Preliminary results of the largely Hindu nation’s first census since the end of its decade-long civil war listed a population of 26.6 million people – 13.7 million females and 12.9 million males.
But the Blue Diamond Society, a well-known gay rights group, said Nepal’s Central Bureau of Statistics (CBS) did not include a "third gender" category for the Himalayan nation’s 150,000 to 200,000 lesbian, gay, bisexual and transgender people, despite an earlier pledge to do so.
"Since they did not bother to count third gender citizens, how can they say they have really respected the rights of sexual and gender minorities?" said Sunil Babu Pant, Blue Diamond Society’s founder.
"We are shocked now that the CBS actually cheated the most marginalised community in Nepal," said Pant, Nepal’s only openly gay member of parliament, in a statement.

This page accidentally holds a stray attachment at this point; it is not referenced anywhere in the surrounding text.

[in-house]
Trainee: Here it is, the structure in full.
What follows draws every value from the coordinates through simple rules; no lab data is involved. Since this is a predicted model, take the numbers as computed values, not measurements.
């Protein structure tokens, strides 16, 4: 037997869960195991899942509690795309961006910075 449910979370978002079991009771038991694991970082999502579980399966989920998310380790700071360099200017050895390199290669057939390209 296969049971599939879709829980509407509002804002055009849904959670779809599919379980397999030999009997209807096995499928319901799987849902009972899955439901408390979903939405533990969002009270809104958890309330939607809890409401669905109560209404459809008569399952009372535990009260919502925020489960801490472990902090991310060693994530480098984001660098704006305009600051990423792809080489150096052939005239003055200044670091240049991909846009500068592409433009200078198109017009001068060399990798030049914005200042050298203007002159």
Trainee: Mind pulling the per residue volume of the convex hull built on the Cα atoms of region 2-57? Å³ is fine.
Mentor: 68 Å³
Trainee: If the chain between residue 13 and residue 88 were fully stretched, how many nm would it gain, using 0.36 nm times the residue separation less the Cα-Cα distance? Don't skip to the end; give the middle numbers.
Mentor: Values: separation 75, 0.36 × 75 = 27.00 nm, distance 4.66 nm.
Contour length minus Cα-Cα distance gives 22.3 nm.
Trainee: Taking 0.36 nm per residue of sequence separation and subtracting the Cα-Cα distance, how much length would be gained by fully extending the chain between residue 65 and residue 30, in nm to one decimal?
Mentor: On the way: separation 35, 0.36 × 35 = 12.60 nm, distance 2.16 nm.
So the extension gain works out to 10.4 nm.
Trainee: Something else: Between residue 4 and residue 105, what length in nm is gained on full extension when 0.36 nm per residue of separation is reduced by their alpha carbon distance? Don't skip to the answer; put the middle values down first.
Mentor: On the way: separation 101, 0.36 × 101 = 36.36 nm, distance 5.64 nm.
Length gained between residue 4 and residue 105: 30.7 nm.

But government officials denied excluding homosexuals from the census, saying a third gender category would be included in the final results published next year.
"We have collected their details which could not be included in the preliminary findings. These details will be published in our final report," said CBS Director General Narayan Malla Uttam.
In recent years, the impoverished Himalayan nation has become more gay-friendly. But homosexuality is still taboo, and while there are no specific laws against gays or same-sex marriages, "unnatural sex" carries a one-year jail term.
Members of Nepal’s gay community say they face widespread discrimination, and are demanding citizenship certificates with their gender marked as "third sex" instead of male or female. The documents are required for accessing jobs, education and pensions.
(Editing by Nita Bhalla and Megan Rowling)